Investing in our youth

With university tuition and living costs on the rise, college students have become increasingly attractive for those ways on looking to save on any little thing they can to get through school. Of the 33,000 students across 70 colleges in 24 U.S. states these students, around two-thirds are “food insecure,” meaning they have limited or uncertain access to nutritionally adequate and safe foods. Around half of these students are also “housing insecure,” meaning they are forced to move often or cannot afford rent or utilities. Students are not where they sleep, live, or what their life situations are at any given time. Negative perceptions of other people can impact their reality of they let it. Being homeless or having food insecurity doesn’t change their talent, IQ, identity, if anything, it pushes them harder to do well in school to be able to get out of this.

Some often wonder, how do people become homeless? Do they really use the money for food, shelter or drugs? Some people were born into shelters, some never got the chance to get out, some were in foster care and now education is the only way out. I recently was able to house a student for a month and a half during my short time here in San Francisco. He said he felt helpless, insecure, and felt like his life had been spiraling out of control. The sad thing, he’s not the only student out there struggling. He doesn’t have a reliable work schedule to make ends meet, and is also taking a job that has nothing to do with his major or career.

In other ways, students may be getting loans out to finance their education. Financial aid is also an option, but if one can’t find a place to call home, how can one have a stable mentality to be able to study on top of their housing crisis or food insecurities. By applying for financial aid, you can get some grants that cover your tuition, and you receive some money back of what wasn’t used. Some of that money for students could mean a lot to them when they don’t have much. You must be a full-time student, taking 12 units and keeping up with your grades. The Lack of these resources cause a student to withdrawal from a class, leading to two classes, the semester and eventually dropping out completely. Despite having a part-time job making ends meet, students are still struggling and maintaining a place to call home.

There has to be a better way, a way to help those in need. During my time housing my friend, he showed me a few things of what you can do as a student at our very own campus. Every Monday, there’s a student pantry where students are allowed to go get food with just their student id. It’s not a permanent fix, but the thought of having some food to eat, brings comfort to those who have so little. The food pantry provides students with a wide variety juice, fruits, veggies, bars to snack on and some sort of cereal. For the school to team up with whomever they are with helping those students in need was a big help as I overheard students say “they get to eat for the week”.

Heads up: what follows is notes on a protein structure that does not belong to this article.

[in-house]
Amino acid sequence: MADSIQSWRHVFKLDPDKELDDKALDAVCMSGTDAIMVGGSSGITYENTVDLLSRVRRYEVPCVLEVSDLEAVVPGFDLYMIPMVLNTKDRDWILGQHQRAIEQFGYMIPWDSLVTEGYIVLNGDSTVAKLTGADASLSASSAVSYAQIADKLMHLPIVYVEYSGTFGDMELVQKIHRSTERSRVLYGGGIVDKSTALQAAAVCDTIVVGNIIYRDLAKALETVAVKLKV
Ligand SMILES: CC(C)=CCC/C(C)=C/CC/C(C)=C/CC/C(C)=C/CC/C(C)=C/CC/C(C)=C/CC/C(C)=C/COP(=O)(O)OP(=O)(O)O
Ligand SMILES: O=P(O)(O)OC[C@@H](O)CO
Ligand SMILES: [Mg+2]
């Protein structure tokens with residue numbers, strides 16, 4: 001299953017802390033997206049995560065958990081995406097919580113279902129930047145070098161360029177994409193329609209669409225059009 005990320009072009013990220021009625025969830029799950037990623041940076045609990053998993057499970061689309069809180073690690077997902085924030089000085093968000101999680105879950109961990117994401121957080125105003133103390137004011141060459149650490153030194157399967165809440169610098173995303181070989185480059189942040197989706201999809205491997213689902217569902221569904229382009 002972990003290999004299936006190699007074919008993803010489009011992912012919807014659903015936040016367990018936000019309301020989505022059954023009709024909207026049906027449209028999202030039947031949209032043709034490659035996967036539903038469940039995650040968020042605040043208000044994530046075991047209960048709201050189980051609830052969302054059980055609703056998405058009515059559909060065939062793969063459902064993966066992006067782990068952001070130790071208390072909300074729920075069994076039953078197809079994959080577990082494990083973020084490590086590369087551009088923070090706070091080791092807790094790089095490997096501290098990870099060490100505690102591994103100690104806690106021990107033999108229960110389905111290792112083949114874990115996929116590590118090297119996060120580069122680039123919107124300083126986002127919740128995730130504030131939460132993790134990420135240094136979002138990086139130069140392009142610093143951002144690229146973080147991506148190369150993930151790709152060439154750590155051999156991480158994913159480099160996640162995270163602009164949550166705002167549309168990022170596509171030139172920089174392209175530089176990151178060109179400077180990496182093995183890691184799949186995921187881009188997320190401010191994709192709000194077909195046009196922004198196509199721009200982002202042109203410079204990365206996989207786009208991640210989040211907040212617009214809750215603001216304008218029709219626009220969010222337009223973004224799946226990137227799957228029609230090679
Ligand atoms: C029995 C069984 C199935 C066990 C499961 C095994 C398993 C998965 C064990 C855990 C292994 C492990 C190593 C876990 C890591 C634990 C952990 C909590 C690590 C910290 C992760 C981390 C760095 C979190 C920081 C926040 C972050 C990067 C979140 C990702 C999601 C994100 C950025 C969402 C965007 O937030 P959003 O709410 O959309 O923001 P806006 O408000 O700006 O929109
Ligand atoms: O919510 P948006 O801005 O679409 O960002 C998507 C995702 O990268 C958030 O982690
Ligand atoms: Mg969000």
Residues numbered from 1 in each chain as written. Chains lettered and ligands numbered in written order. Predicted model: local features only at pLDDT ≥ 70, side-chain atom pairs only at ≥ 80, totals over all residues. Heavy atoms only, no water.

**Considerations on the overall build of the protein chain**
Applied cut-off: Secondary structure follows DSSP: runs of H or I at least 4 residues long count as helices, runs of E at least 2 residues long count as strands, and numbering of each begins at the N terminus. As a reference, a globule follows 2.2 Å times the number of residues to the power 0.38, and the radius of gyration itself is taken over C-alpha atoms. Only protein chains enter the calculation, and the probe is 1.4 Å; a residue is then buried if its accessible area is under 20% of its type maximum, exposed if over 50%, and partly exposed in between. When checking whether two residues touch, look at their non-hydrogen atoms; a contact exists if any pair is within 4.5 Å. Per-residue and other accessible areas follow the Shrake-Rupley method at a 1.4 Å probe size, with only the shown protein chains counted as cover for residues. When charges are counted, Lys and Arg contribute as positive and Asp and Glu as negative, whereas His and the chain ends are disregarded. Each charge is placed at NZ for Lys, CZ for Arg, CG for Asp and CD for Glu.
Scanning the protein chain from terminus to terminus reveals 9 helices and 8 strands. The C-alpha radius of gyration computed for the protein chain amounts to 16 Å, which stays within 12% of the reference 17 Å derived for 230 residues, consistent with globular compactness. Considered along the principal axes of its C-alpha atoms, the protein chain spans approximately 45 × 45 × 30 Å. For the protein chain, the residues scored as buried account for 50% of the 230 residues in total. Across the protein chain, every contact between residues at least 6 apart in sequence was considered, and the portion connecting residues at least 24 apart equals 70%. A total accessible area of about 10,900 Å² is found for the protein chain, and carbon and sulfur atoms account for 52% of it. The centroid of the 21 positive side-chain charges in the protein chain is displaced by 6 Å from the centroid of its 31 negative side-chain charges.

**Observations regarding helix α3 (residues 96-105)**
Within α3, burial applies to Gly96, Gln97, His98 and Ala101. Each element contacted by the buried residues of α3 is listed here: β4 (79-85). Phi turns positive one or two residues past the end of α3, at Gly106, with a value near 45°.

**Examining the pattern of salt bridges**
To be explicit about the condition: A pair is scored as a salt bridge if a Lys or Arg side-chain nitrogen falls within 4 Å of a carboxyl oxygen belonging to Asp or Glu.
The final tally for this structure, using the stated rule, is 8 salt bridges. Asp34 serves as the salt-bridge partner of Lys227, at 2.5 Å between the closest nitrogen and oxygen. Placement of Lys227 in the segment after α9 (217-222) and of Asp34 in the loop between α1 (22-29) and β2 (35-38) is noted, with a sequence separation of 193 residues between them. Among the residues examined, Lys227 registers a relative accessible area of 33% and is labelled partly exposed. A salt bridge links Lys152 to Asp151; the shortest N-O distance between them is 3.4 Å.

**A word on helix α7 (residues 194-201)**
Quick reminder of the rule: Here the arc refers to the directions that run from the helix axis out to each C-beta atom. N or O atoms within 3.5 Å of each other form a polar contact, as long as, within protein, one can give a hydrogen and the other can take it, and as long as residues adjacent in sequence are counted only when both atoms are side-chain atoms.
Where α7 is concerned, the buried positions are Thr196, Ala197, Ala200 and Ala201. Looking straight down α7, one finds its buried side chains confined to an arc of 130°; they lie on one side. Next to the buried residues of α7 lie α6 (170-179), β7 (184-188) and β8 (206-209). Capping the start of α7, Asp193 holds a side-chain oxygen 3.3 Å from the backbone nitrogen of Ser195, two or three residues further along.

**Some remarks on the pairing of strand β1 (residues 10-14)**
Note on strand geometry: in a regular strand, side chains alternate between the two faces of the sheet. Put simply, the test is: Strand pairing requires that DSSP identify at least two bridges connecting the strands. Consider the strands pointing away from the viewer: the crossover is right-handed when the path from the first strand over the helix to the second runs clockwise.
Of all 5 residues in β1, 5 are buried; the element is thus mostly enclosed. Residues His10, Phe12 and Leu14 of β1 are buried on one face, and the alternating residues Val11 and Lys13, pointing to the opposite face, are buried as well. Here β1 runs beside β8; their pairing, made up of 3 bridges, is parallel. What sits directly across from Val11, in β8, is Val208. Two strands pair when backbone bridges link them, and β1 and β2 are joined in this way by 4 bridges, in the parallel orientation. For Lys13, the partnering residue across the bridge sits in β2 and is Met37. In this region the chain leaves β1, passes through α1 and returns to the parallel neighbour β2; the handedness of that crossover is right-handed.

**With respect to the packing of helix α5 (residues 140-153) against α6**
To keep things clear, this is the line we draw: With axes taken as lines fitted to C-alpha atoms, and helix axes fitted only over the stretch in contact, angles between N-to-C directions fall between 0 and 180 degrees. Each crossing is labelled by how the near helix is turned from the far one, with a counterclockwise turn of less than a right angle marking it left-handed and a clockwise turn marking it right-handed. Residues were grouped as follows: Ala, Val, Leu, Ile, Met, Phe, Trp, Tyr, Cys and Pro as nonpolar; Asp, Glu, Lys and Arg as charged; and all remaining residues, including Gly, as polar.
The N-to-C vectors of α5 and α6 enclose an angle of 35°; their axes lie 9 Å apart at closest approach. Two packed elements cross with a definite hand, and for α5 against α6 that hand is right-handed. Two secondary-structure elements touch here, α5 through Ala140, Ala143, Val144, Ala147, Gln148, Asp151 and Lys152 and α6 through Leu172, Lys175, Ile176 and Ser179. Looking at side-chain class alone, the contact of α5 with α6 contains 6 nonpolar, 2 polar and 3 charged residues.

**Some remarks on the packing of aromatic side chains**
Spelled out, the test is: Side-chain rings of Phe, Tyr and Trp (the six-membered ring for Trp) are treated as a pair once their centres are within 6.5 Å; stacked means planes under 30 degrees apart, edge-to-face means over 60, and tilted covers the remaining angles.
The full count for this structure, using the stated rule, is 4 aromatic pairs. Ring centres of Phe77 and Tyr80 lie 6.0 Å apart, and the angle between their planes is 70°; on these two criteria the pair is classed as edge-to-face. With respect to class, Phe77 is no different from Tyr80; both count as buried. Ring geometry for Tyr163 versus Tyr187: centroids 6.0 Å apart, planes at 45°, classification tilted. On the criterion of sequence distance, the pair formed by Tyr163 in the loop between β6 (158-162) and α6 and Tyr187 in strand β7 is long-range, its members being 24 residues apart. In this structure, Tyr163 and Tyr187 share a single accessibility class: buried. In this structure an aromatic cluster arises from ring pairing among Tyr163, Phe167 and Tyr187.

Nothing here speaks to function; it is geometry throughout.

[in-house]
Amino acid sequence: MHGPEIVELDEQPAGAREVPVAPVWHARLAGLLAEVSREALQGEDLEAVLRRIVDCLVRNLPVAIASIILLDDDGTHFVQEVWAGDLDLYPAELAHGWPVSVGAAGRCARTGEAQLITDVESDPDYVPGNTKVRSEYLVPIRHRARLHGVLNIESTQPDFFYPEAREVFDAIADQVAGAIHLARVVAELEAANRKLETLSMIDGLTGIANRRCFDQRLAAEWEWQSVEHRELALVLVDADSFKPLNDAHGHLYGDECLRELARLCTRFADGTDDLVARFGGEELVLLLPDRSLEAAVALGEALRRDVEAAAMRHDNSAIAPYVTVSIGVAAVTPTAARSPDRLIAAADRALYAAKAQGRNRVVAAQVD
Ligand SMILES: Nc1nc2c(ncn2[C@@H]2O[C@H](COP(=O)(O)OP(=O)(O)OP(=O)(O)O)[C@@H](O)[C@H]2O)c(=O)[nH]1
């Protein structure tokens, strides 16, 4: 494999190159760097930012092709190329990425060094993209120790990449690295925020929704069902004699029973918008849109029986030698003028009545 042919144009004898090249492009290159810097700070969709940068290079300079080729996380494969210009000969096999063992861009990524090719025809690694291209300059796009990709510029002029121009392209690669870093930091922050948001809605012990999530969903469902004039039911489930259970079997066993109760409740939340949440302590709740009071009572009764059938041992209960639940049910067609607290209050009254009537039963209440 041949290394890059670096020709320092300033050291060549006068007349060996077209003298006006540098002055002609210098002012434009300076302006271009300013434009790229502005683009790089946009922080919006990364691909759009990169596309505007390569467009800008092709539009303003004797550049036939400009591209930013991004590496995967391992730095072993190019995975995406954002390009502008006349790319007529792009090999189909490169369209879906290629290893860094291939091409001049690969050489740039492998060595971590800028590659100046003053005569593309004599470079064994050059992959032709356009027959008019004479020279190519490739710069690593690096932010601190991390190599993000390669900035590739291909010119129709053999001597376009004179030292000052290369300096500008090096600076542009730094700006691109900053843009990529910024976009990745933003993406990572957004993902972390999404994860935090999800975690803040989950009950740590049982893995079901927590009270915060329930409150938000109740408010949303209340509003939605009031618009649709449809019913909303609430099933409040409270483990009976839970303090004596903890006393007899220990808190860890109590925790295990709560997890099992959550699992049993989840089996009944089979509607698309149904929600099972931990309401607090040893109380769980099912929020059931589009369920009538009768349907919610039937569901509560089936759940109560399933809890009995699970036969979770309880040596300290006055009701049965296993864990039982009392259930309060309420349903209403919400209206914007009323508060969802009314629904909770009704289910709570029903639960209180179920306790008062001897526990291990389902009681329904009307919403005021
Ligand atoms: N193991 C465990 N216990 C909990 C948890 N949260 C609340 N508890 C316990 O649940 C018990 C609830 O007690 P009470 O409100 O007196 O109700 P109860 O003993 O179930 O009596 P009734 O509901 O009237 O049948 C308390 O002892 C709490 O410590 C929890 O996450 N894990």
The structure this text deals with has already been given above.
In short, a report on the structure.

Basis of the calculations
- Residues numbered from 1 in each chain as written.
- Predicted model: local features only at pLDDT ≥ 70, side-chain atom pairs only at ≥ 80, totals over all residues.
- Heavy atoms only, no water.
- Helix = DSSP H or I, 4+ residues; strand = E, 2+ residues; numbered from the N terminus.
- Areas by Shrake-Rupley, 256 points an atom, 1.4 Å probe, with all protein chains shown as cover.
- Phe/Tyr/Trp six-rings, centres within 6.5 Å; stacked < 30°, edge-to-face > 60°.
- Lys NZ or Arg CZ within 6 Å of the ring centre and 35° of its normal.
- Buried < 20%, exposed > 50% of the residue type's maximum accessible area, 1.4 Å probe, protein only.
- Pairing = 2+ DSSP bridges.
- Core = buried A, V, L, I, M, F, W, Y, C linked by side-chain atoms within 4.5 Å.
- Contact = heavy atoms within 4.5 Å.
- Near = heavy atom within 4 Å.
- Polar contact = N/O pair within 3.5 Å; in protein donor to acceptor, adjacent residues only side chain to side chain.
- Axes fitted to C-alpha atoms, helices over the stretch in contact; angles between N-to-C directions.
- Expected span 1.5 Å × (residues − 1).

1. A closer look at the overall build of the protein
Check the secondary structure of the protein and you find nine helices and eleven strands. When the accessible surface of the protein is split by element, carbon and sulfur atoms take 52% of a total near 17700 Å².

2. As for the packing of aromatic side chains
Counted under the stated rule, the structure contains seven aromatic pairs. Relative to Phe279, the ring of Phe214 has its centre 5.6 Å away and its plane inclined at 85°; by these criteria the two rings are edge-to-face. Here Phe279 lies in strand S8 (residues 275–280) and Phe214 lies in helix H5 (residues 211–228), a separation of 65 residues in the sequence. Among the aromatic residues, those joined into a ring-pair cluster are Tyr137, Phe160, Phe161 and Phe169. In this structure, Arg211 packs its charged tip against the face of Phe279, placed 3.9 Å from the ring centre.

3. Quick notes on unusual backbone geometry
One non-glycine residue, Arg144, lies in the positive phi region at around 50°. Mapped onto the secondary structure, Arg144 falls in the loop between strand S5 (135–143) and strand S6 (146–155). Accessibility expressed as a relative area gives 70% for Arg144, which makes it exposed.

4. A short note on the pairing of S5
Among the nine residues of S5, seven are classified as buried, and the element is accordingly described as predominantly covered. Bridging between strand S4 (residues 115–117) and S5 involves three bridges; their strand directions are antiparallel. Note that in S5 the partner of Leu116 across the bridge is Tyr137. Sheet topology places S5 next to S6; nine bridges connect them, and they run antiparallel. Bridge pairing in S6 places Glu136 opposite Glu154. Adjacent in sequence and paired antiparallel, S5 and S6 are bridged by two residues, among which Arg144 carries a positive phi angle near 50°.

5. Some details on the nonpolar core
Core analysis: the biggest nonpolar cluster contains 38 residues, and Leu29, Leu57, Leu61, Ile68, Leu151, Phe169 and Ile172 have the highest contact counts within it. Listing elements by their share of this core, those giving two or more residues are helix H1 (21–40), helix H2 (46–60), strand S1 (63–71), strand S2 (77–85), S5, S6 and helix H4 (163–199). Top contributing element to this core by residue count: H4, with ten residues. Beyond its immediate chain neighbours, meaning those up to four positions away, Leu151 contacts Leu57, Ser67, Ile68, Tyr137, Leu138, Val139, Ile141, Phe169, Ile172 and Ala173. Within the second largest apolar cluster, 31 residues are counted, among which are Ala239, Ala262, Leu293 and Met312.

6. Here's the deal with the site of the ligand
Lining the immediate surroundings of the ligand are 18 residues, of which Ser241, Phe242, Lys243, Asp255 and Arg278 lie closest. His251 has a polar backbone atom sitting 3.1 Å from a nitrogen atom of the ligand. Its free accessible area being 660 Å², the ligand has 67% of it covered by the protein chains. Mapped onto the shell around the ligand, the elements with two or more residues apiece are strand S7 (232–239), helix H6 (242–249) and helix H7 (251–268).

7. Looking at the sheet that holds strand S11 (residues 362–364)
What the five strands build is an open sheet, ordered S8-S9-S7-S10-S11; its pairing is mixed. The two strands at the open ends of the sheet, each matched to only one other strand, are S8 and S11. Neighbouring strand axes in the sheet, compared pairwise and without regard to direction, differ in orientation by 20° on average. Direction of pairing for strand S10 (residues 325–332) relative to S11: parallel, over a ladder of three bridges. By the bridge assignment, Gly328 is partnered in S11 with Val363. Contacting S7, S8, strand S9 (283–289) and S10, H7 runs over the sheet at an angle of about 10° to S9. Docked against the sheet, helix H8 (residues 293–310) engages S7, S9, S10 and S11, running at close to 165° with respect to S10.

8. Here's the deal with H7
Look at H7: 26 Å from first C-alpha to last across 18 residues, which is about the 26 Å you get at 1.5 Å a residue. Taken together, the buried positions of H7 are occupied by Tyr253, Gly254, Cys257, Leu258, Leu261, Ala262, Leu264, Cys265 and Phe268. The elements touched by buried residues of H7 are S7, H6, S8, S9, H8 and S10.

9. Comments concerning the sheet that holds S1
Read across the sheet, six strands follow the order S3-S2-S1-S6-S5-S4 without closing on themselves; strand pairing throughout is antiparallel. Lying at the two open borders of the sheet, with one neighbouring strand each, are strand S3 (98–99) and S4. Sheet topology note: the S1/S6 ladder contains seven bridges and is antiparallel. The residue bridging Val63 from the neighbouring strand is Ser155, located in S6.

The hardest part for students that are homeless is the lack of student dorms here in San Francisco State, which provides housing for about 4,000 of its nearly 30,000 students. The long wait lists don’t even get you a guaranteed spot for the semester, also causing students to drop out as they wait for student housing. With that not being available, it leaves students to rent from the general housing pool that sky rockets the rent up compared to what you could be paying for the year in the dorms. Even then, you have overcrowded apartments or houses where students are renting out living and dining rooms or even garages just to get by.

What can we do as a community, school, students to help those in need? Partnering up with a non-profit shelter to provide housing just for its students. To keep them off the streets and into a place to be able to temporarily call home to study, and be able to get that chance to succeed in their education. Providing more on campus jobs, more suitable to their needs in their major. We need to help our students, make them believe in themselves, that there is a way out, engage with them, encourage them and offer them hope. This is their city and school as much as it is everyone else’s. We need to work together to be able to make a difference for our future leaders and generations.

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